A Microsoft Excel Statistical Analysis Package was used for t tests. Hochberg correction was applied to adjust for multiple comparisons.13
BP and Body Weight
Systolic BP of the 16 ACTH-treated rats was (mean±SE) 165±6 mm Hg and of the 16 control rats was 127±2 mm Hg (P<0.001). For the 10 corticosterone-treated (corticosterone) and 10 control rats, BPs were 162±11 and 111±6 mm Hg (P<0.001). ACTH reduced body weight (272±3 versus 214±4 g; P<0.001), as did corticosterone (261±11 versus 226±20 g; P<0.001). ACTH increased water intake (32±1 versus 71±4 mL/d; P<0.001), but corticosterone did not (31±1 versus 35±3 mL/d). Both increased urine volume: 6±1 versus 41±2 mL/d (P<0.001) and 5±1 versus 13±1 (P<0.01), respectively. Food intake was 28±1 g/d before ACTH treatment and >24±1 g/d during treatment. For corticosterone, food intake was 31±1 g/d before and >24±1 during treatment. Urinary Na+ (mmol/d) was increased on treatment days 1 (control versus ACTH, 0.95±0.04 versus 1.55±0.15; P<0.01), 5 (0.95±0.04 versus 1.44±0.09, P<0.01), and 7 (0.95±0.04 versus 1.32±0.10; P<0.01), with no change in urinary K+ (2.30±0.08 versus 2.16±0.30 mmol/d on day 7). Na+ and K+ were not measured in corticosterone rats. Serum corticosterone at euthanatization was 4.0±0.3 in ACTH versus 1.1±0.05 nmol/mL in control rats (P<0.001) and 1.5±0.06 in corticosterone versus 1.0±0.07 nmol/mL in control rats (P<0.01).
Confirmation of Identity of PCR Products
RT-PCR products of the expected sizes were found for each of the 3 Nos isoform mRNAs in all tissues examined. A typical ethidium bromide–stained gel of RT-PCR products is shown in Figure 1⇓. Southern blotting detected a signal of expected size in each case (not shown).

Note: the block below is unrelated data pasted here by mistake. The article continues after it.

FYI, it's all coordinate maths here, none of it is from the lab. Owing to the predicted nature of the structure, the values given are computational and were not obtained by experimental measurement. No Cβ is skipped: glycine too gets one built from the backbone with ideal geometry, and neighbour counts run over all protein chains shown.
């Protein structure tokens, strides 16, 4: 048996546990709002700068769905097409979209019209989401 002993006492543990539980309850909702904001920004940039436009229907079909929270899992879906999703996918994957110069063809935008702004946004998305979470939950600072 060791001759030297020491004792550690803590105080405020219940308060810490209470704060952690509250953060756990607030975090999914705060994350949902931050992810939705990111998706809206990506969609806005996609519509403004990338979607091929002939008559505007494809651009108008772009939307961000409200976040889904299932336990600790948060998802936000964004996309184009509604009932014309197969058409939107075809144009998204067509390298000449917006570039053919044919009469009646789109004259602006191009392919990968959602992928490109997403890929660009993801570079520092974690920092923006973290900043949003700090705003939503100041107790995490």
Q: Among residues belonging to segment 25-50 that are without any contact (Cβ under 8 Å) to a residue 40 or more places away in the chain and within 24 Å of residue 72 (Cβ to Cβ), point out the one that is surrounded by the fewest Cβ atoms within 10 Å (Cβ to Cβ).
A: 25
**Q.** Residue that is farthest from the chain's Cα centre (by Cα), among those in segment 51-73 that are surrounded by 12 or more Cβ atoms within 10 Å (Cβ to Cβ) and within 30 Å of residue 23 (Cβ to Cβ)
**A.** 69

Nos Isoform mRNA Concentrations in ACTH and Control Rats
In kidney, Nos2 and Nos3 mRNA were reduced by 58±5% and 59±6%, respectively, in cortex and 68±7% and 51±11% in medulla, but no change occurred in Nos1 mRNA (Figure 2⇓). Decreases remained significant after correction for multiple comparisons (P<0.01). Nos2 mRNA in adrenal (3.08±0.49) was higher than kidney and was reduced by 62±2% with ACTH to 1.16±0.07 (P=0.005), which remained significant (P<0.05) after Hochberg correction. A 46% decrease in Nos1 mRNA was seen in hypothalamus (0.91±0.09 versus 1.68±0.23; P=0.03), but significance was lost after Hochberg correction. No other changes were seen.
Nos Isoform mRNA Concentrations in Corticosterone and Control Rats
Corticosterone reduced Nos2 mRNA in renal cortex by 68±5% and in medulla by 62±6% (Figure 3⇓). Nos3 mRNA was decreased by 50±8% and 23±7%, respectively. Nos1 mRNA declined 29±7% in medulla. Significance remained after Hochberg correction, except for Nos3 in medulla.
An in situ hybridization signal for Nos2 mRNA was detected in kidney in distal convoluted tubule and collecting duct and was weaker for ACTH than control rats (Figure 4⇓). Sense negative control gave no signal, which supported specificity. A similar pattern was seen with immunohistochemistry (Figure 5⇓): in control rats, medulla showed strongest immunoreactivity, with brown cytoplasmic staining seen in late distal convoluted tubule and collecting duct. In ACTH rats, immunostaining was markedly weaker. In contrast, NOS2 immunostaining was not detected in renal arterial vasculature, glomerular capillaries, or proximal tubule of control or ACTH rats, consistent with an absence of basal expression in these tissues. No staining was seen in negative control in which preimmune serum was substituted for NOS2 antibody (result not shown). Results for corticosterone rats were similar (Figure 6⇓). In the case of NOS3, signal seen in vascular structures of kidney was decreased by ACTH and corticosterone (Figure 7⇓).